Love Island host Laura Whitmore has admitted that she was scared and said she will "never be OK" with the death of the show’s previous host Caroline Flack.
The Irish TV presenter replaced Flack as presenter on the hugely popular ITV2 reality show, which is broadcast here on Virgin Media, weeks before Flack took her own life aged 40.
Speaking to Cosmopolitan UK, Whitmore said: "It'll never be OK and it'll never be right. It did scare me.
"She was so strong-willed and feisty and I remember thinking, 'God, I wish I could be as strong as her'. I felt like if people said things, it wouldn't bother her. But obviously it did because everyone is human.
"I don't want to speculate reasons because nobody will ever know. (But) it did frighten me."
34-year-old Whitmore took over as Love Island host in December after Flack stood down following an assault charge.
The former MTV host admitted that she was reluctant to take the job due to the pressure that accompanies being on one of the UK's most popular shows.
"You do a show that big and people want to write about it and put it in tabloids and magazines," Whitmore, whose partner Iain Stirling is the Love Island narrator, said.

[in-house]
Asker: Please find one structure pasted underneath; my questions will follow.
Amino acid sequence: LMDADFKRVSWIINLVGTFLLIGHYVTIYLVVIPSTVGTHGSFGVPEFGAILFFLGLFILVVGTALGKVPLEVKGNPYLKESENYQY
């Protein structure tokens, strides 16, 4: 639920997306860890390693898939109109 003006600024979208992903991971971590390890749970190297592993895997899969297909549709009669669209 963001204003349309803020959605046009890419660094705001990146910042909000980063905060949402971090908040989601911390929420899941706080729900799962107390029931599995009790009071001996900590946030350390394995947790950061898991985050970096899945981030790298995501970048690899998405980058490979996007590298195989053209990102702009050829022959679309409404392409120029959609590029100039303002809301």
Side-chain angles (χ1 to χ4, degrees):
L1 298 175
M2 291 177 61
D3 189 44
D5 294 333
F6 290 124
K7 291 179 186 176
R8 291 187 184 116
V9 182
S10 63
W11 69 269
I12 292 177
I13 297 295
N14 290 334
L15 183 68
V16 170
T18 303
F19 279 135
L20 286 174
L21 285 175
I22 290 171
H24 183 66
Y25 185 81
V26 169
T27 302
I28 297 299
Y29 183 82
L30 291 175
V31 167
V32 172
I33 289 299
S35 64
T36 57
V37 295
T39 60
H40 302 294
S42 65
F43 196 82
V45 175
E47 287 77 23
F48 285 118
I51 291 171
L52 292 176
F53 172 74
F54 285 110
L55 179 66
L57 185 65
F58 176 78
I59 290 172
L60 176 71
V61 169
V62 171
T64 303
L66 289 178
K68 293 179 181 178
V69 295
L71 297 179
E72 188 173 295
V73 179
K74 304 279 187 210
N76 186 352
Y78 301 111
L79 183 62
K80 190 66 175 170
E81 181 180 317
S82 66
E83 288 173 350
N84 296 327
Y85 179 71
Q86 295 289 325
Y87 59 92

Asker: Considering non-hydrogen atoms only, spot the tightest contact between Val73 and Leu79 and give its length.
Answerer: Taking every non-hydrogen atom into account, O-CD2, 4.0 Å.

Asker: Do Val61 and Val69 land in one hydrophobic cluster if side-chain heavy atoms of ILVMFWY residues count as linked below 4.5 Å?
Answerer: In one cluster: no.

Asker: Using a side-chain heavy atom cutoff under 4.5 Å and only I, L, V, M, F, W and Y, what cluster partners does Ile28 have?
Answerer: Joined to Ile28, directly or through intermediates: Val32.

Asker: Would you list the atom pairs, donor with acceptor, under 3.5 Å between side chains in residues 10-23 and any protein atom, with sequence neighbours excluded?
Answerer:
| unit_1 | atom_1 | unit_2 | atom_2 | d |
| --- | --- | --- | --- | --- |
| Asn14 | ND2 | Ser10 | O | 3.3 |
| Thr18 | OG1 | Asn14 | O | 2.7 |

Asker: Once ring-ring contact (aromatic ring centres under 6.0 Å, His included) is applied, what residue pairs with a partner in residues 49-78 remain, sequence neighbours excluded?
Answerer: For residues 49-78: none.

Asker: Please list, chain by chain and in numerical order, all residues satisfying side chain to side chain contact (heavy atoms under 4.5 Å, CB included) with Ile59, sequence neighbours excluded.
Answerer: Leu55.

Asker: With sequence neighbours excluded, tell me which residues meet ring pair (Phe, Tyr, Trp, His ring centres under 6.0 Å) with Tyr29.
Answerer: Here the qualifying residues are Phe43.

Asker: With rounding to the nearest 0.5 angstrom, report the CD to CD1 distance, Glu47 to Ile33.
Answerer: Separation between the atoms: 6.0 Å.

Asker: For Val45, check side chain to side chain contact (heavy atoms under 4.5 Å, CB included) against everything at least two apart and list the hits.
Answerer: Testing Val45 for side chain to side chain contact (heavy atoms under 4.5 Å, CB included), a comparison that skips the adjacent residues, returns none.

"So I knew, yes, it's got great parts to it, but it's also got negative parts too.
"I love doing live TV. I'd worked with most of the crew doing I'm A Celebrity . . . and MTV, so it just felt very comfortable. The show was the easiest thing.
"It was everything around it that I couldn't cope with. When I got the call I was like, 'I need to talk to Iain, I need to talk to Caroline . . .' It's a weird one because you think you should just jump at it.
"Obviously you're delighted that ITV trust you to do such a big show, but a friend of yours is also going through hell . . . Caroline had messaged me first to say, 'I hope you get it', which was really nice.
"You're like, 'Oh yay, I get to do this but, no, this isn't how I want to get to do it. It was a really weird way to get a job."
Whitmore is currently isolating with 32-year-old Scottish comedian Sterling during the coronavirus crisis and said the experience has made her realise how strong their relationship is.
"It's just Iain, me and the dog in the house right now, and (Iain) is loving it because he gets to eat pasta and play computer games. He's living his student life," she said.
"I thought we would drive each other crazy. It's really helping me think, 'Actually, this is a good relationship!' We like each other."